A safer credit rating is a fair game for this business model
Rating agencies are frequently cautious when analyzing companies in volatile markets, particularly those involved in acquisitions due to the uncertainty these factors introduce into financial stability and growth expectations.
The oil and gas industry, which is notorious for its volatility, is typically on the receiving end of this cautious approach.
Companies in this sector bear the brunt of pricing fluctuations caused by geopolitical tensions, regulatory changes, and global economic health, which affect their credit ratings.
Furthermore, the cyclical returns that are characteristic with this industry do little to alleviate rating agencies’ concerns. Acquisitions merely increase the perceived risk, painting a less-than-favorable image for credit evaluators.
This cautious narrative by rating agencies includes Northern Oil & Gas (NOG), a business aggressively engaged in acquisitions in a sector noted for its cyclical character.
Today, we’ll examine the credit risk profile of Northern Oil & Gas using Uniform Accounting to determine whether rating agencies are overly wary of the company or not.
We can use Uniform Accounting to put the company’s real profitability up against its obligations and decide for ourselves the true risk of this business.
Also below, a detailed Uniform Accounting tearsheet of the company.
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The cyclical nature of the oil & gas sector is often a subject of scrutiny by rating agencies. The fluctuating global demand and supply, geopolitical issues, and regulatory changes often lead to significant price volatility in this sector.
This cyclical behavior can result in inconsistent revenues for companies involved, making them less appealing to ratings agencies.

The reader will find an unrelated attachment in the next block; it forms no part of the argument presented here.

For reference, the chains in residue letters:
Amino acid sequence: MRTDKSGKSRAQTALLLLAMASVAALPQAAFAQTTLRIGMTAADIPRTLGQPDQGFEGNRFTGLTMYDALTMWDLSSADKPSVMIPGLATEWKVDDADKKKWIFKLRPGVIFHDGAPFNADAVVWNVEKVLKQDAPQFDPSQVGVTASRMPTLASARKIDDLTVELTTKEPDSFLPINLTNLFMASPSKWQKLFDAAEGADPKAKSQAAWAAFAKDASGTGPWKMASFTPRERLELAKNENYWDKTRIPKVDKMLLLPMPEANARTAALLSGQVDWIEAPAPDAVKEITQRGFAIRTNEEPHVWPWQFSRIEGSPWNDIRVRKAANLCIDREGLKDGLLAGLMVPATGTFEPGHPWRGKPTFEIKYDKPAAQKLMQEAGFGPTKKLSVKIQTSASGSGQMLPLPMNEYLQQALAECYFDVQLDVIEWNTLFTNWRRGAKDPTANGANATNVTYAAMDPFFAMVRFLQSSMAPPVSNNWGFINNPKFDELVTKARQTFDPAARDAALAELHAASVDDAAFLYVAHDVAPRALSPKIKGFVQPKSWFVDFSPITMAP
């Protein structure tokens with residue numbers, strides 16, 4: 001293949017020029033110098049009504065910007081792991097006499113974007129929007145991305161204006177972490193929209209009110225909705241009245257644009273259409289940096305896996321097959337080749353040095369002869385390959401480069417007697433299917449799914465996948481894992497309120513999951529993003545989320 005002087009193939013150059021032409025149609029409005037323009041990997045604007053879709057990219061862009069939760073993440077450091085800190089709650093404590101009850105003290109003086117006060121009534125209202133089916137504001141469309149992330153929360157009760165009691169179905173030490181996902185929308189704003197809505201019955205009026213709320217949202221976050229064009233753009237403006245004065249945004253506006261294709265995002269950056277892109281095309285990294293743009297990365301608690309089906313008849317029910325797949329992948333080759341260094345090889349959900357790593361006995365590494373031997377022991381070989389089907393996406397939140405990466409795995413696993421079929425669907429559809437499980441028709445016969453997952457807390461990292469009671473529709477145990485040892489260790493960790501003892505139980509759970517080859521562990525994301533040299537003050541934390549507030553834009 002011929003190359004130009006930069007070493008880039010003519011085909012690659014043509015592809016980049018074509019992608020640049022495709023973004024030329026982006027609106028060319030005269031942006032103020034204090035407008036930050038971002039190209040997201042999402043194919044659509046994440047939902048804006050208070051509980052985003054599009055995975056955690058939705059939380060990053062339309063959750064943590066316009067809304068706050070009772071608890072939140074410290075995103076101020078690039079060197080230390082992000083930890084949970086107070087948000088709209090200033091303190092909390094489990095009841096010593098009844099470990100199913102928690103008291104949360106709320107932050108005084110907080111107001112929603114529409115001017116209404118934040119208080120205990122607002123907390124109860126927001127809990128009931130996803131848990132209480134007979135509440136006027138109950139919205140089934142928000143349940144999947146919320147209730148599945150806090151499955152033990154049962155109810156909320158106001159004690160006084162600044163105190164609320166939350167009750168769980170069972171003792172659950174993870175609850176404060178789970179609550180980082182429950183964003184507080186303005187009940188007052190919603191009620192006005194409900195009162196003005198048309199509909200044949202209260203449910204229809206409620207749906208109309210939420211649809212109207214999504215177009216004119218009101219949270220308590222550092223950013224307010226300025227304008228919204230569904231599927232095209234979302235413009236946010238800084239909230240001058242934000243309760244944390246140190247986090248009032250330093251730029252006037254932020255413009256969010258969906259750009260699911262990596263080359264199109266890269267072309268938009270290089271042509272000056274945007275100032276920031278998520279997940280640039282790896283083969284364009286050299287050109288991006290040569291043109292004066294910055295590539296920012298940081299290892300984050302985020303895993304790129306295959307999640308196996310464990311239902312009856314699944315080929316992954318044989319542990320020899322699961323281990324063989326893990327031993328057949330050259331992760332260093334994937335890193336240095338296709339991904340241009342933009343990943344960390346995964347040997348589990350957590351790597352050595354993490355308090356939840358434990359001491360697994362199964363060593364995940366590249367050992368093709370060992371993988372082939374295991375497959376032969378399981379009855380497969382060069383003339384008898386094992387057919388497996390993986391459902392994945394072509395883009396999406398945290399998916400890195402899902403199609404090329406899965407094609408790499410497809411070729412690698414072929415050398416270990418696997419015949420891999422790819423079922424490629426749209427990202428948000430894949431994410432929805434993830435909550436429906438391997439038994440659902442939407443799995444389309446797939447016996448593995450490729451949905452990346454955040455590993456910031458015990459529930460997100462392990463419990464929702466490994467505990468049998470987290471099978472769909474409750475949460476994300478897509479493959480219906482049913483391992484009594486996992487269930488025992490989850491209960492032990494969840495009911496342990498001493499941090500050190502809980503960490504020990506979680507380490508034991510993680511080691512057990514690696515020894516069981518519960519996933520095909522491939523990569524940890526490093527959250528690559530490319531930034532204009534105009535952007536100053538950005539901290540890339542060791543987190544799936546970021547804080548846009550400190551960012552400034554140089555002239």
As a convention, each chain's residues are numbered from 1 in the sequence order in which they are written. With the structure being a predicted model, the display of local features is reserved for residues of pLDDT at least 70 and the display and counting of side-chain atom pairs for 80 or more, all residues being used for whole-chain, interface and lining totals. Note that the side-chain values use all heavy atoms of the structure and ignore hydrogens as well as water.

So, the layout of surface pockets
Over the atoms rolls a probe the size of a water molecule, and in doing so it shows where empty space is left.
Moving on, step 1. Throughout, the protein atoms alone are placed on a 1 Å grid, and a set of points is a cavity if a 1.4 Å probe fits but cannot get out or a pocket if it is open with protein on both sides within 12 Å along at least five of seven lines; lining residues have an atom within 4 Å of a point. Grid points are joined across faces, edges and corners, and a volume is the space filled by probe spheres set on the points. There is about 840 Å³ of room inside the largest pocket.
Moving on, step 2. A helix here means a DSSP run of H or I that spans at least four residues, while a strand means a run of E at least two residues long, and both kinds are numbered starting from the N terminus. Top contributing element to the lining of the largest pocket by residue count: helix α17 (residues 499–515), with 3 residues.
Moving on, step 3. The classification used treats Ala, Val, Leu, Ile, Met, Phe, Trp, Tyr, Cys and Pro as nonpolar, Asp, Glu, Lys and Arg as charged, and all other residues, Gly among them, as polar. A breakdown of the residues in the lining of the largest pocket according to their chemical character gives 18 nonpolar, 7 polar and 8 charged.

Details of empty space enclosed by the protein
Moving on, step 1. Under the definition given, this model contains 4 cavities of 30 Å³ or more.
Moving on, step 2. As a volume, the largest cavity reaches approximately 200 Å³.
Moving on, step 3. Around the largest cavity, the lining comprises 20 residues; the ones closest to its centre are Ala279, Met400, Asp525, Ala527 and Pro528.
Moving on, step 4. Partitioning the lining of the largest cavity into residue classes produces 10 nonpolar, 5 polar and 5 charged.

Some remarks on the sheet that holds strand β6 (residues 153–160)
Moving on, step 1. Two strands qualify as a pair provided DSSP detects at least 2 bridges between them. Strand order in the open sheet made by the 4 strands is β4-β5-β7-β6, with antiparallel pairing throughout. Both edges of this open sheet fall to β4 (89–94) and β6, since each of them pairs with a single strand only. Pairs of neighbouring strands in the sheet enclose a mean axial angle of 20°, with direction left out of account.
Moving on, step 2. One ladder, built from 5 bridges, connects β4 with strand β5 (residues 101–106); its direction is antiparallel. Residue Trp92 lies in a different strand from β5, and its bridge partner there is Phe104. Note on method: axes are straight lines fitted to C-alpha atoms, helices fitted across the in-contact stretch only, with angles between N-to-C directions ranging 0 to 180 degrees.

The unpredictability becomes a concern for credit evaluators, who prefer stable and predictable cash flows to ensure that debts will be serviced promptly.
In this landscape, Northern Oil & Gas (NOG) emerges as a notable player. It is a company that specializes in acquiring leasing and funding drilling opportunities.
Its involvement in acquisitions in a sector known for its cyclical tendencies tends to raise eyebrows among ratings agencies.
However, these agencies might be missing out on some crucial points regarding the company’s business strategy. Unlike many of its peers, Northern Oil & Gas operates as a non-operated working interest franchise in prominent shale basins across the US.
This means that while the company holds financial interests in various drilling operations, it does not participate in the day-to-day operational management of these wells and rigs.
Instead, it partners with operators who manage the daily operations, which allows it to benefit from the revenues generated from these operations without incurring the operational costs and risks.
This business model is distinctive as the company doesn’t operate wells or rigs, which is the usual practice among oil and gas exploration and production (“E&P”) firms. Instead, it focuses on acquiring interests in these operations, which allows for a lean operational structure.
The effectiveness of this business model is underscored by other metrics such as the growth in the number of assets, and an increase in production over the years.
By focusing on acquiring interests, the company can rapidly scale its operations and benefit from the operational efficiencies of other established operators.
Its strategy has led to a diversified portfolio that spans across multiple geographic areas, thus spreading the inherent risks associated with each region.
Furthermore, the firm’s acquisition strategy isn’t just about expanding its portfolio; it’s about diversifying and mitigating risks associated with cyclical downturns.
By acquiring interests in different geographic areas and operations, it can spread out its risks and maintain a steady flow of revenue, even when some areas or operations are underperforming.